As a sector which holds valuable and sensitive material to important individuals and organisations, criminals seek to obtain confidential client information for the purpose of financial gain or espionage, they do this through methods such as malware and other software programs.

Panama law firm, which holds over 11 million documents and reportedly establishes offshore accounts and companies for global power players, was victim of a ‘leak’. The files revealed the names of many world leaders who have established offshore tax havens.

Another reason is that law firms are seen as ‘weak links’ to exploit when seeking a client’s work. Law firms and their access to confidential materials, like a client’s patents, are therefore they are often targeted. For instance, for insider trading purposes, Russian cybercriminal “Oleras” and their gang had targeted 48 of the nation’s most prestigious law firms to steal sensitive client information.

Law practices all hold a huge amount of incredibly important and sensitive market information that hackers illegally seek to use to their advantage and for this reason, they are strongly urged to look at cybersecurity.

Despite these serious threats to the sector, law firms are behind on cybersecurity. While three quarters of employees in law firms with annual turnover above £500m are aware that they are very likely to be target of cyberattacks, research shows that respondents from the legal sector are 18% less likely to include external cyber security experts than non-lawyers in their attack contingency planning.

A large 86% of lawyers see cyber security as an issue for the senior executives, management needs to have a firm stance and clear message to employees and clients regarding preventing, detecting and responding to security breaches in information technology systems. These risks need to be addressed quickly and effectively, because it can cause irreversible reputational damage and disastrous financial losses to a firm and its clients.


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London is well-known as both a global financial hub and a multi-cultural city but what happens when you bring these two things together?

Yielders has become the first Islamic Fintech firm to be fully accredited by the UK’s FCA. The London-based start-up is a crowdfunding property investment platform.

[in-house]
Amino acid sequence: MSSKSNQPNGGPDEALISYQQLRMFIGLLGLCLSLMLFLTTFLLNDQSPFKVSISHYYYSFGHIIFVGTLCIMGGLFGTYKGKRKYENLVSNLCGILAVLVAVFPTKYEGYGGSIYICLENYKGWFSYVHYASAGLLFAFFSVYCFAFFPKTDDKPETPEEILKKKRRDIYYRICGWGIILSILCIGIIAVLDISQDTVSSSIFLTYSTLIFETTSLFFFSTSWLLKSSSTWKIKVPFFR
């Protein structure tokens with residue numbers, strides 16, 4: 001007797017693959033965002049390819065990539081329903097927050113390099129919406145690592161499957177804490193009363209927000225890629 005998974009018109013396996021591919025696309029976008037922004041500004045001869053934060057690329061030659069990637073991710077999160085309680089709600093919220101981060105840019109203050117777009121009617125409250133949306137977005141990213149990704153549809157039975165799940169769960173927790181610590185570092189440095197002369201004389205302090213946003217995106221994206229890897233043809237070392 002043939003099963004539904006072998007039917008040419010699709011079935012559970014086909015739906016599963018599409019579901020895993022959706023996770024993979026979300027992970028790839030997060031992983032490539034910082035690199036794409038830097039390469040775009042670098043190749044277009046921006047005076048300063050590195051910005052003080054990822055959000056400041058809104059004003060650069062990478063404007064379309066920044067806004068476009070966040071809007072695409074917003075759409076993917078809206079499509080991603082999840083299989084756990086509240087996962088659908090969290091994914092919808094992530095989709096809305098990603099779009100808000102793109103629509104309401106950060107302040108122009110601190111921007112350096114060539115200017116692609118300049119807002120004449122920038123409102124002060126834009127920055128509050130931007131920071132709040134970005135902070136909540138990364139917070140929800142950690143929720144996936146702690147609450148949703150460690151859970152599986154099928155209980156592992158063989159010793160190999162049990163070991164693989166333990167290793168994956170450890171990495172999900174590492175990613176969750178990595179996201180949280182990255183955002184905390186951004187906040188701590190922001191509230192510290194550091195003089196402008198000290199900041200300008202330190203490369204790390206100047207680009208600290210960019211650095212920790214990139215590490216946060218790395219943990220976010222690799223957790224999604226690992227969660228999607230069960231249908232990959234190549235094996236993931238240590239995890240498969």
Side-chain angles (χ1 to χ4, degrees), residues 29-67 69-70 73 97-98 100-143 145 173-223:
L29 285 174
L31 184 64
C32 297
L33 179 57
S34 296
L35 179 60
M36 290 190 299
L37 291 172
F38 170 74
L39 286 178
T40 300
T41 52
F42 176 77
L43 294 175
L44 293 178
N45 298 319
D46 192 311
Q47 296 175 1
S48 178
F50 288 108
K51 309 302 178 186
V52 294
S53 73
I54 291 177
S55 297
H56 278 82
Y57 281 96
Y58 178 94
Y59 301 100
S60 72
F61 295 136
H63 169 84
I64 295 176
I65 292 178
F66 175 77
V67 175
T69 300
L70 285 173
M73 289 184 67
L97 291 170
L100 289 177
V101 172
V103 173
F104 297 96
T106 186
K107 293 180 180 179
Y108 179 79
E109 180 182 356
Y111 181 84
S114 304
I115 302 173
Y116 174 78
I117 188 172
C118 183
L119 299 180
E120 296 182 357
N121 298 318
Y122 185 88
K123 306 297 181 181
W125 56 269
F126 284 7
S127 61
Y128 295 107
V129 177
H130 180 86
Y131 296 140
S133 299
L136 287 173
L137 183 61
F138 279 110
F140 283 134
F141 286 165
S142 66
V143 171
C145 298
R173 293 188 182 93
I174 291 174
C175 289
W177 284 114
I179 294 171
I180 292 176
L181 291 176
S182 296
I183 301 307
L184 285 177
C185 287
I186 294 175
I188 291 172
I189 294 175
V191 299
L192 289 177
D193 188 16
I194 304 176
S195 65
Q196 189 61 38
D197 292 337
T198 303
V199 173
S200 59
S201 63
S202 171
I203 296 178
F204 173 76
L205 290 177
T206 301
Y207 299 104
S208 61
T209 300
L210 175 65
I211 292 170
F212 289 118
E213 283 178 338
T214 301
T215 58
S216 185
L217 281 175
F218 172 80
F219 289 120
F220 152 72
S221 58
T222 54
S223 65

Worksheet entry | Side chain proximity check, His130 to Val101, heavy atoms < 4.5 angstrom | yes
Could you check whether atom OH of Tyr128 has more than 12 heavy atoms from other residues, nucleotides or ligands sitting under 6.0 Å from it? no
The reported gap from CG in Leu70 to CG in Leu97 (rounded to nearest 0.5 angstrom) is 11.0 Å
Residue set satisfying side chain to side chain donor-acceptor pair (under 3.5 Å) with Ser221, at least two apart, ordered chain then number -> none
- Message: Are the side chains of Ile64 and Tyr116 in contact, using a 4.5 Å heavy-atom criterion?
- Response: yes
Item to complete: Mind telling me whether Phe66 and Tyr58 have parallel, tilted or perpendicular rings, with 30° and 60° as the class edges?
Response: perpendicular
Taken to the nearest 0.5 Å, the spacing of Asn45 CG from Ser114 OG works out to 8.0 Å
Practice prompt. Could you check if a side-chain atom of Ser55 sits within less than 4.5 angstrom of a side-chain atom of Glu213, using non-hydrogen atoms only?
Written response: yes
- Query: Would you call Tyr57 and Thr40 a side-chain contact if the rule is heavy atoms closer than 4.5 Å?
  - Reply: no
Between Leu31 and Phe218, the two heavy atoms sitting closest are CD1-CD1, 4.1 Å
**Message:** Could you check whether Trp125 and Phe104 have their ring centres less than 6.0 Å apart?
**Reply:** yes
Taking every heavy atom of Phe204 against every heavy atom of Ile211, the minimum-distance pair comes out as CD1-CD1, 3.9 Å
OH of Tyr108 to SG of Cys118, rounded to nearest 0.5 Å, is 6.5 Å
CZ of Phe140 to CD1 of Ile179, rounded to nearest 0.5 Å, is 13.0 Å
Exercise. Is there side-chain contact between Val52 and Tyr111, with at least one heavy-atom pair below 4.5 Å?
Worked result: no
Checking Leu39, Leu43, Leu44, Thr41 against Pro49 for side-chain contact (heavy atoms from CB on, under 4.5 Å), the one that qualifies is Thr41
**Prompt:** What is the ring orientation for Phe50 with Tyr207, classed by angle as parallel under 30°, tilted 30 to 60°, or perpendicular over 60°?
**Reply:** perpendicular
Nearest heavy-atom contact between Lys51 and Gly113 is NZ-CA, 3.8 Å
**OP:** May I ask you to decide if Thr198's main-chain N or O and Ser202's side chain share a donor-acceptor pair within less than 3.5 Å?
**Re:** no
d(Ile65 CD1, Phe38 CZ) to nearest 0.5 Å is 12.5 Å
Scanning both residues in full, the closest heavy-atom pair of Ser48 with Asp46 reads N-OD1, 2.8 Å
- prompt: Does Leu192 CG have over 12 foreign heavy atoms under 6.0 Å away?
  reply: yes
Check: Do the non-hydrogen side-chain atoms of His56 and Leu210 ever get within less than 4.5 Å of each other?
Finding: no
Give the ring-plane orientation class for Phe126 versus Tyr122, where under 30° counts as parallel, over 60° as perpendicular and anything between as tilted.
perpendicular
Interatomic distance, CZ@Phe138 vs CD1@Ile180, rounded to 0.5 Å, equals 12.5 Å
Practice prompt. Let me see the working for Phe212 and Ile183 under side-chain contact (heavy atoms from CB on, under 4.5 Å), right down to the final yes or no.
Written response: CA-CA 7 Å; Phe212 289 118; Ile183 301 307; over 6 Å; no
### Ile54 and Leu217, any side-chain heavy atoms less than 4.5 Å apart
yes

The process is simple and transparent, taking away the hassle of being a landlord or the burden of a mortgage. It allows the public to invest as little as £100 in cash and start earning returns almost immediately on pre-funded assets, providing predefined rental income.

With no debt, no interest, full voting rights and full financial rights, they are also the first UK Company to gain the Sharia compliance certification by the UK Islamic Finance Council (UKIFC).

This doesn’t just emphasis their business ethics, but also demonstrates the increasing role of the UK’s Islamic Finance Sector.

As London seeks to position itself as the global centre for Fintech, extending this to Islamic Finance will not only broaden the number of investors in the UK but will also attract investment from the Middle East and South East Asia.

Yielders is making history and dispelling the myth that traditional Islamic Finance is uncompetitive. Islamic Fintech is expected to grow in demand.


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The success of Finance and technology, known as Fintech, is acknowledged across industries, however Fintech is not the only increasing trend. As technology continuously incorporates itself into the daily insurance service provision, inspiring efficiency and improved service, Insurtech has emerged as a portmanteau of “Insurance” and Technology”. From black boxes in cars measuring driver performance and algorithms in calculating risk profiles of customer to wearables measuring health, Insurtech is predicted to have a great impact on customer experience.

How industry will work?

New insurance companies are looking into possible ways of using technology to assess the risk rating of a client and to monitor them using technology to monitor daily activities of clients.